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Harmonizing evidence-based practice, implementation context, and implementation strategies with user-centered design: a case example in young adult cancer care



Attempting to implement evidence-based practices in contexts for which they are not well suited may compromise their fidelity and effectiveness or burden users (e.g., patients, providers, healthcare organizations) with elaborate strategies intended to force implementation. To improve the fit between evidence-based practices and contexts, implementation science experts have called for methods for adapting evidence-based practices and contexts and tailoring implementation strategies; yet, methods for considering the dynamic interplay among evidence-based practices, contexts, and implementation strategies remain lacking. We argue that harmonizing the three can be facilitated by user-centered design, an iterative and highly stakeholder-engaged set of principles and methods.


This paper presents a case example in which we used a three-phase user-centered design process to design and plan to implement a care coordination intervention for young adults with cancer. Specifically, we used usability testing to redesign and augment an existing patient-reported outcome measure that served as the basis for our intervention to optimize its usability and usefulness, ethnographic contextual inquiry to prepare the context (i.e., a comprehensive cancer center) to promote receptivity to implementation, and iterative prototyping workshops with a multidisciplinary design team to design the care coordination intervention and anticipate implementation strategies needed to enhance contextual fit.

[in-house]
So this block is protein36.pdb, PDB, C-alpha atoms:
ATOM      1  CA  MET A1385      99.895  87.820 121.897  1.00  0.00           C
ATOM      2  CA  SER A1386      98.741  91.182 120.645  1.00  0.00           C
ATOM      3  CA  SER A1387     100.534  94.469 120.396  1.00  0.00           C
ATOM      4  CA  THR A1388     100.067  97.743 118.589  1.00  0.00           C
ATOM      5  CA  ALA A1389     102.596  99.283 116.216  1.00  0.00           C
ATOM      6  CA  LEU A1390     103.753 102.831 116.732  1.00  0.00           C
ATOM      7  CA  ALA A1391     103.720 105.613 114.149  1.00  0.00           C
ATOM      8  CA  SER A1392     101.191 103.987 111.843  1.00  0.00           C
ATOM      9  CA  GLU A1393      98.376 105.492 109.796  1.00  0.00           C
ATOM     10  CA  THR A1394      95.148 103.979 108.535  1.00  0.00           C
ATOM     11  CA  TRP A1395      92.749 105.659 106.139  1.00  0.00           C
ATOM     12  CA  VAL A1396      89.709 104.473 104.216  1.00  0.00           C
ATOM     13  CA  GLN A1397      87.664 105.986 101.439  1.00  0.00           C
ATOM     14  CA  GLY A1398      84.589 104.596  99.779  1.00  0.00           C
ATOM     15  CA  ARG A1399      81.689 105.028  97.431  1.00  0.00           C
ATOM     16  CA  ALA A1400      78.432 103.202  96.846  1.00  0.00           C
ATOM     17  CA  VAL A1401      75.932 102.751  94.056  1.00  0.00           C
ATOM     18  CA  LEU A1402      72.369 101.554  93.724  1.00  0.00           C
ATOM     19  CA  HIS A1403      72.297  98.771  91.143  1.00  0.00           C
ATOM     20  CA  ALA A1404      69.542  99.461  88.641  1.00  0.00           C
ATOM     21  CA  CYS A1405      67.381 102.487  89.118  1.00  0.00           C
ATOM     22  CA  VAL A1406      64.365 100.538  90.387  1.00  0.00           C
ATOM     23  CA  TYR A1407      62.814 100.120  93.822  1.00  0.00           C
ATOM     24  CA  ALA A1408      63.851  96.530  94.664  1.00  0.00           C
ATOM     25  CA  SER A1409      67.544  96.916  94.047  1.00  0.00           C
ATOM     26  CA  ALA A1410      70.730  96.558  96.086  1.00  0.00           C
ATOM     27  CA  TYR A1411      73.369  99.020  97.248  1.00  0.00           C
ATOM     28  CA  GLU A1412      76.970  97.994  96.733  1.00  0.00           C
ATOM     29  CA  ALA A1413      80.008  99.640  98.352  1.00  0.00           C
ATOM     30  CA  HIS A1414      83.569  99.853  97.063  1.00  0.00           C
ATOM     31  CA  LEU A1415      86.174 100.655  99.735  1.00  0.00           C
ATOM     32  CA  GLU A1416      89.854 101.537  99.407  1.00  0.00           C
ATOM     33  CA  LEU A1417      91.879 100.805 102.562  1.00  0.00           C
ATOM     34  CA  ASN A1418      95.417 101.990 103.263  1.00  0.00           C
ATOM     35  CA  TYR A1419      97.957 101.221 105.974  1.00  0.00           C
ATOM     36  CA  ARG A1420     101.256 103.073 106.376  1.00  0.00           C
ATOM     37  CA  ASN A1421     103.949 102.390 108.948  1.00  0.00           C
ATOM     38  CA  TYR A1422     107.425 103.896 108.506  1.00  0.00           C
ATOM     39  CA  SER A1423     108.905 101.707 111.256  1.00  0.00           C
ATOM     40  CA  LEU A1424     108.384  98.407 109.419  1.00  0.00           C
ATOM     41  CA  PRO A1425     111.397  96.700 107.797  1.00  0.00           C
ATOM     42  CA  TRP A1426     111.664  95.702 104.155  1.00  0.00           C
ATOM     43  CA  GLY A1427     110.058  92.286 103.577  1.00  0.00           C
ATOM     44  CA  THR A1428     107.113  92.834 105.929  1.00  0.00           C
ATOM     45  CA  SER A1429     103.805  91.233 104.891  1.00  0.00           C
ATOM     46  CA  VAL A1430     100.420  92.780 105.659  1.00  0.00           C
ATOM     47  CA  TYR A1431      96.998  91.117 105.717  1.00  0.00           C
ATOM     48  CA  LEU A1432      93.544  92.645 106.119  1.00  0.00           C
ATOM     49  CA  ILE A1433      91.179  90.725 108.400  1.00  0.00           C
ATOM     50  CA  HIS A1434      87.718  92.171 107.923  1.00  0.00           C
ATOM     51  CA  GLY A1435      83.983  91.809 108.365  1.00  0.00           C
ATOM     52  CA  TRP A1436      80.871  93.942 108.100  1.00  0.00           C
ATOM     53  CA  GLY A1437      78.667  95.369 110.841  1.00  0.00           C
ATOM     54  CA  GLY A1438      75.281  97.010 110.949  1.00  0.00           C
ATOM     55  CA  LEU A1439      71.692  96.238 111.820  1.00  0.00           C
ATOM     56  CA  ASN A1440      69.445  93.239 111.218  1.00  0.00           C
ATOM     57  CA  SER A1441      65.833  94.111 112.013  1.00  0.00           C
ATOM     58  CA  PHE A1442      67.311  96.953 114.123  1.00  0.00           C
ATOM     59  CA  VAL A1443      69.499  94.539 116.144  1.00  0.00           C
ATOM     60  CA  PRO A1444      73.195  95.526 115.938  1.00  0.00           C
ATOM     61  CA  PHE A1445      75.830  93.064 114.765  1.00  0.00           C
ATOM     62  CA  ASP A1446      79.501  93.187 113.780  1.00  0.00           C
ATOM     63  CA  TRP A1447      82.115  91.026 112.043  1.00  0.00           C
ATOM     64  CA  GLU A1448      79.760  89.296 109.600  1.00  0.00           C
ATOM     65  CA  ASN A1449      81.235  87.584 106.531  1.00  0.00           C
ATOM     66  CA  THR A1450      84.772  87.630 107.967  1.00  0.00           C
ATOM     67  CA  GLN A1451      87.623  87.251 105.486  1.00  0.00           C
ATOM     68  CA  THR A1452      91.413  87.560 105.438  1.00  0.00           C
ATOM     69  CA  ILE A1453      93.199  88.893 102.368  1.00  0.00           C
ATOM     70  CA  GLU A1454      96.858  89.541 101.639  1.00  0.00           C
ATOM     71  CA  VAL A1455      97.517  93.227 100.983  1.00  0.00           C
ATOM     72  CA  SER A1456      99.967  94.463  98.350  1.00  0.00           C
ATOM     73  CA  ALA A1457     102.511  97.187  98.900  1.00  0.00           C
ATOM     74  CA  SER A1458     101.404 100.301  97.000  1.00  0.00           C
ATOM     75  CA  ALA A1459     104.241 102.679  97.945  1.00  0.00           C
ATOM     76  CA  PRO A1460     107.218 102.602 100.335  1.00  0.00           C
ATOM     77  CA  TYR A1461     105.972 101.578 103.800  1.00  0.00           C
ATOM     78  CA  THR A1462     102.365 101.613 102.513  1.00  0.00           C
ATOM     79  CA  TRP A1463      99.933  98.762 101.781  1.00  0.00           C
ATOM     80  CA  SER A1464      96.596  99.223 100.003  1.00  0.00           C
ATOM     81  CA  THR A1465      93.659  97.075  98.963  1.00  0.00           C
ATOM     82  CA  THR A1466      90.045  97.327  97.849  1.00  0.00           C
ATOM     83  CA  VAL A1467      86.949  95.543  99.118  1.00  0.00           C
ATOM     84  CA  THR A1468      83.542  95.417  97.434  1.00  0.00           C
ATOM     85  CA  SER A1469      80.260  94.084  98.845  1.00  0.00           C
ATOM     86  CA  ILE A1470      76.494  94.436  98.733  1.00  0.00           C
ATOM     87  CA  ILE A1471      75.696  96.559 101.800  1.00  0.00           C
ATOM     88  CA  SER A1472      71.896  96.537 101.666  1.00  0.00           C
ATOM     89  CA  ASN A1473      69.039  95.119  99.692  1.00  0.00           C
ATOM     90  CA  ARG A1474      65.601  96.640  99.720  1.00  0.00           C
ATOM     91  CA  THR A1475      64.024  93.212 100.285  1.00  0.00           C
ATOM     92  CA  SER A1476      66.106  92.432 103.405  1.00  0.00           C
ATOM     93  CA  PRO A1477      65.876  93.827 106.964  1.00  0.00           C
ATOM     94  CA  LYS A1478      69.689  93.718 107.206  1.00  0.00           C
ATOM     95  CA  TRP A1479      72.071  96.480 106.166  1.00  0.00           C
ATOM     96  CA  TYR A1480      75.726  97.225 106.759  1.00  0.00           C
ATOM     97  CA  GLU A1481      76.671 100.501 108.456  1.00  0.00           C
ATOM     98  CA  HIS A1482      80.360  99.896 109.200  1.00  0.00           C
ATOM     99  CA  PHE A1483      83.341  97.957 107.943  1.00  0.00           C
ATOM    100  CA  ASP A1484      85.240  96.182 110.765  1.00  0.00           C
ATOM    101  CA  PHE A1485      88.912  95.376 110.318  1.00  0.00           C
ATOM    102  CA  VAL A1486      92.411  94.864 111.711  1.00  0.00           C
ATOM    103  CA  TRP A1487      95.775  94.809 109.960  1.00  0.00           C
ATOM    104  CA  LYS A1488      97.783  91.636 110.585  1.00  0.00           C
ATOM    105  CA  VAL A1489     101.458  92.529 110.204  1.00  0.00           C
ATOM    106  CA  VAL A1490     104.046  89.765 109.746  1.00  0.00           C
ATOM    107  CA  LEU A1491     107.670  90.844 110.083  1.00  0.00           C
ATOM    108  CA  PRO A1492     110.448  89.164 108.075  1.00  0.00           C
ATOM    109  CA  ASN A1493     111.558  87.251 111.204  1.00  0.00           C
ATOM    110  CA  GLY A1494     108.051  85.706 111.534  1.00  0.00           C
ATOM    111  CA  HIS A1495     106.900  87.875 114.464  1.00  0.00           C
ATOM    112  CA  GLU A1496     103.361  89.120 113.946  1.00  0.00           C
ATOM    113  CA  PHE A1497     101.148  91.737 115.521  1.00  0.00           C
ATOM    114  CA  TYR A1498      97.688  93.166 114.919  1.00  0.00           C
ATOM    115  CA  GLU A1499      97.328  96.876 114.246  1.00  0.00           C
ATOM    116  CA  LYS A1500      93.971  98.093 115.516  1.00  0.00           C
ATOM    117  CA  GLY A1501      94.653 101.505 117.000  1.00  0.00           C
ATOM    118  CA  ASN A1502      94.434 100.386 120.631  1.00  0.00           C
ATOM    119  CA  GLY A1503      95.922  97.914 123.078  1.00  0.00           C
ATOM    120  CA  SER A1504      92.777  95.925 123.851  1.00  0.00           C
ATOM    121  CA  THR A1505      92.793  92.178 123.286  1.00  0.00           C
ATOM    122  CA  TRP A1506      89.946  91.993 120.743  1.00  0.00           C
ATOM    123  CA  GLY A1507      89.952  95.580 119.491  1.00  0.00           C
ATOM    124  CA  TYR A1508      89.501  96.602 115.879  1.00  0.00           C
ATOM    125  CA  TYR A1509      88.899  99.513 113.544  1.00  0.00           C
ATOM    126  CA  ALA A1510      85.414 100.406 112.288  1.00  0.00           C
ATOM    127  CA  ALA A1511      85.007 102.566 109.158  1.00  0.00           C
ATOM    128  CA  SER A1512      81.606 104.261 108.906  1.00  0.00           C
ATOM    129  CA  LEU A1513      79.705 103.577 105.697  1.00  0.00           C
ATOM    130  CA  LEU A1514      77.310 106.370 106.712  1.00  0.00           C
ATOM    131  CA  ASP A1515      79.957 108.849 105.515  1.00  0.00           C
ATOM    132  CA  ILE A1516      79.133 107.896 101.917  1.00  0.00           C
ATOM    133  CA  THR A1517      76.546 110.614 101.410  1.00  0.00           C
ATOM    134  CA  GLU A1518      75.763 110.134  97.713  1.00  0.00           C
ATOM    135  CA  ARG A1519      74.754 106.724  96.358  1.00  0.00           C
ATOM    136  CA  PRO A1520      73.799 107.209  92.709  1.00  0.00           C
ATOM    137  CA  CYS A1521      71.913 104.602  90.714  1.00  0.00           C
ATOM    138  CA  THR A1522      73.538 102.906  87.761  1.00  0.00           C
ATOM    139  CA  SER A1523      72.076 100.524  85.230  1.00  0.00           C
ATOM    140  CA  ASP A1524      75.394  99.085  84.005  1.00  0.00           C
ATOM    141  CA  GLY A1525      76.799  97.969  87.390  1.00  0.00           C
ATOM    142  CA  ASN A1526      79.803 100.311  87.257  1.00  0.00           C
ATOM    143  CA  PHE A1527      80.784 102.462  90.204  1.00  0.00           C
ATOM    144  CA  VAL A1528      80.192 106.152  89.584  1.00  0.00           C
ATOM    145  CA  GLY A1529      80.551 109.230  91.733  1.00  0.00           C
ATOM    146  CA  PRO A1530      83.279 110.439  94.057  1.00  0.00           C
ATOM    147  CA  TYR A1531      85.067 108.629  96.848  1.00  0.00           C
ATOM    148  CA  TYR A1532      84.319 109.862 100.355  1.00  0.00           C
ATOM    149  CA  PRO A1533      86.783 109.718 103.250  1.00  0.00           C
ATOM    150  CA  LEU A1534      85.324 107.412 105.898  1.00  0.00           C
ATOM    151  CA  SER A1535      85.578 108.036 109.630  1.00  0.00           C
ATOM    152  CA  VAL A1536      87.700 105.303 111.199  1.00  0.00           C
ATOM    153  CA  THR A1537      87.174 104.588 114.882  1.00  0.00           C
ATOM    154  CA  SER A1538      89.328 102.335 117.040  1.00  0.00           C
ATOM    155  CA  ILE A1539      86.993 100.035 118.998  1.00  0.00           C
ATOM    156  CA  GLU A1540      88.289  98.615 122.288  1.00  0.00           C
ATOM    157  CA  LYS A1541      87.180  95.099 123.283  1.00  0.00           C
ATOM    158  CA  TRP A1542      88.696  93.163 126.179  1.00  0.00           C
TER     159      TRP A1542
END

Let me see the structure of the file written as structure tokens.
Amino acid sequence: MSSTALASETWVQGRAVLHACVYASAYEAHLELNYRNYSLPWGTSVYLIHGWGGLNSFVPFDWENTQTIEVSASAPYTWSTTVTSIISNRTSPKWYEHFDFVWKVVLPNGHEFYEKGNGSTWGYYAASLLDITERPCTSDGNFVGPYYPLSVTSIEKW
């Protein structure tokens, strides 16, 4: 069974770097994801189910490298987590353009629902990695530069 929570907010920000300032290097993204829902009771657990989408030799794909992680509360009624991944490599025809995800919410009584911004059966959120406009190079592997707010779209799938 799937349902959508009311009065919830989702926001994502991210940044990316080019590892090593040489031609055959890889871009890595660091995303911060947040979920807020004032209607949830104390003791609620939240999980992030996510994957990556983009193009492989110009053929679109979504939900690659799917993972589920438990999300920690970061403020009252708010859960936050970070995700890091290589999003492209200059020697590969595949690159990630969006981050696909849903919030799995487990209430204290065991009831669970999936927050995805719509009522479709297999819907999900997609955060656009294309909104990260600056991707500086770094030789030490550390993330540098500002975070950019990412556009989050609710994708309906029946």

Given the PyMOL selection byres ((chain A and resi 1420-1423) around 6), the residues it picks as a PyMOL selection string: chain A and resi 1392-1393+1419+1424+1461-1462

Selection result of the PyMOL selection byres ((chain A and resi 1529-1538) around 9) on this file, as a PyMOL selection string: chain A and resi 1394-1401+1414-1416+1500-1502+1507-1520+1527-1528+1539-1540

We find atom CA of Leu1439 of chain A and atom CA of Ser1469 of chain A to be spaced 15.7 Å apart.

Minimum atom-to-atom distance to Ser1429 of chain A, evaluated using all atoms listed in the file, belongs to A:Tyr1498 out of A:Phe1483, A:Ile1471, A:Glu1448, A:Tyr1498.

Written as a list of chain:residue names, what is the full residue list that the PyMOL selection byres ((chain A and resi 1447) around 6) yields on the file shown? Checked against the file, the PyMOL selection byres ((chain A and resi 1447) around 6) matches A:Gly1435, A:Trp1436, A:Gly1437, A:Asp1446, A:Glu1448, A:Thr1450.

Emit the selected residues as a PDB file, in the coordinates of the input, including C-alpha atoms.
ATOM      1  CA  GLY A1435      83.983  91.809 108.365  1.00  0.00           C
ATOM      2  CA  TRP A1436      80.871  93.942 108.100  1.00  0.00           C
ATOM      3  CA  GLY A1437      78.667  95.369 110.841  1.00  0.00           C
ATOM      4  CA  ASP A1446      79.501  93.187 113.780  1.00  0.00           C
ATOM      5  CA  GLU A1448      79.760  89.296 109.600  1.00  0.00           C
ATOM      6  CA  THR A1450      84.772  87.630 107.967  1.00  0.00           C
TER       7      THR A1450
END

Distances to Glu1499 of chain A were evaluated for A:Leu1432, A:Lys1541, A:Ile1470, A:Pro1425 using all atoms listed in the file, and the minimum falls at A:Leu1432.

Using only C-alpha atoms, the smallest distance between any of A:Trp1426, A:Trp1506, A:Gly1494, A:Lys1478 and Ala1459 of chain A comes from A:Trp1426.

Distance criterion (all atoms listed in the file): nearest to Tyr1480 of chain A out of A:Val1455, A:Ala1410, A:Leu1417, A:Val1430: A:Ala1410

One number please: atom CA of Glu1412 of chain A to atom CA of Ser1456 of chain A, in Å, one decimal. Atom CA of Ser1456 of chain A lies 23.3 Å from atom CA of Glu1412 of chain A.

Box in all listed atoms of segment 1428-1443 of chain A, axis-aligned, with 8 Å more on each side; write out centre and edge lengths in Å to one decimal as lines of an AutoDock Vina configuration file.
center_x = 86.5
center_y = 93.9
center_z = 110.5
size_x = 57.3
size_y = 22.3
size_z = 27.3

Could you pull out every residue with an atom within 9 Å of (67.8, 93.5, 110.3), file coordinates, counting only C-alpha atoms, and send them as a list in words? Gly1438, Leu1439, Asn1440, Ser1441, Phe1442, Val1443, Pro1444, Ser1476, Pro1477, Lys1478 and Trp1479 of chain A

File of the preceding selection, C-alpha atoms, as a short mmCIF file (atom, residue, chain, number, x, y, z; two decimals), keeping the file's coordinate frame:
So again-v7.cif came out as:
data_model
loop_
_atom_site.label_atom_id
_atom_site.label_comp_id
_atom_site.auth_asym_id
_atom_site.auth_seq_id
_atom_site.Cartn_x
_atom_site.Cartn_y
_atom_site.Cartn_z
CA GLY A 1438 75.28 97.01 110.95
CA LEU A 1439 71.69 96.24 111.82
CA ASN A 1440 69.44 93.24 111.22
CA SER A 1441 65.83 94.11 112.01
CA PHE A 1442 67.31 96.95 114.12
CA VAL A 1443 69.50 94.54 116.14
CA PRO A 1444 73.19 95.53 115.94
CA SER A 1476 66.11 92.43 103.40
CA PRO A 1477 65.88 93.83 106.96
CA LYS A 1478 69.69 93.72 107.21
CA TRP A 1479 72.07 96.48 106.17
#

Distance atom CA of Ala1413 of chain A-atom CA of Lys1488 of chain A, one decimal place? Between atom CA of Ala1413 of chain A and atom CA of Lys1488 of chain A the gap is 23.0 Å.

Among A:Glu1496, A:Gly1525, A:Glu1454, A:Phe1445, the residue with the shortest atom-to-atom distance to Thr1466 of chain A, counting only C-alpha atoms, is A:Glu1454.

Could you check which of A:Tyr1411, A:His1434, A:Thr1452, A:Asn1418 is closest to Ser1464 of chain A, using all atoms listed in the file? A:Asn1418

Our user-centered design process resulted in the Young Adult Needs Assessment and Service Bridge (NA-SB), including a patient-reported outcome measure and a collection of referral pathways that are triggered by the needs young adults report, as well as implementation guidance. By ensuring NA-SB directly responded to features of users and context, we designed NA-SB for implementation, potentially minimizing the strategies needed to address misalignment that may have otherwise existed. Furthermore, we designed NA-SB for scale-up; by engaging users from other cancer programs across the country to identify points of contextual variation which would require flexibility in delivery, we created a tool intended to accommodate diverse contexts.


User-centered design can help maximize usability and usefulness when designing evidence-based practices, preparing contexts, and informing implementation strategies—in effect, harmonizing evidence-based practices, contexts, and implementation strategies to promote implementation and effectiveness.

Peer Review reports


Evidence-based practice (EBP) implementation is often challenged by the poor fit between EBPs and their implementation contexts (i.e., the “set[s] of characteristics and circumstances that consist of active and unique factors, within which the implementation is embedded”) [1, 2]. the use of an EBP (i.e., practice with proven efficacy and effectiveness, including interventions, policies, assessments [3]) in a context for which it is not well-suited can compromise its effectiveness and burden users (e.g., patients, providers, healthcare organizations) with elaborate strategies intended to force implementation. However, EBPs are seldom designed to address the nuances of multiple, varying, complex, and changing practice contexts [1]. To accommodate nuanced contexts, EBP developers may produce increasingly complex EBPs [4], resulting in EBPs “that are ultimately too expensive, impractical, or even impossible to construct within real-world constraints” [5].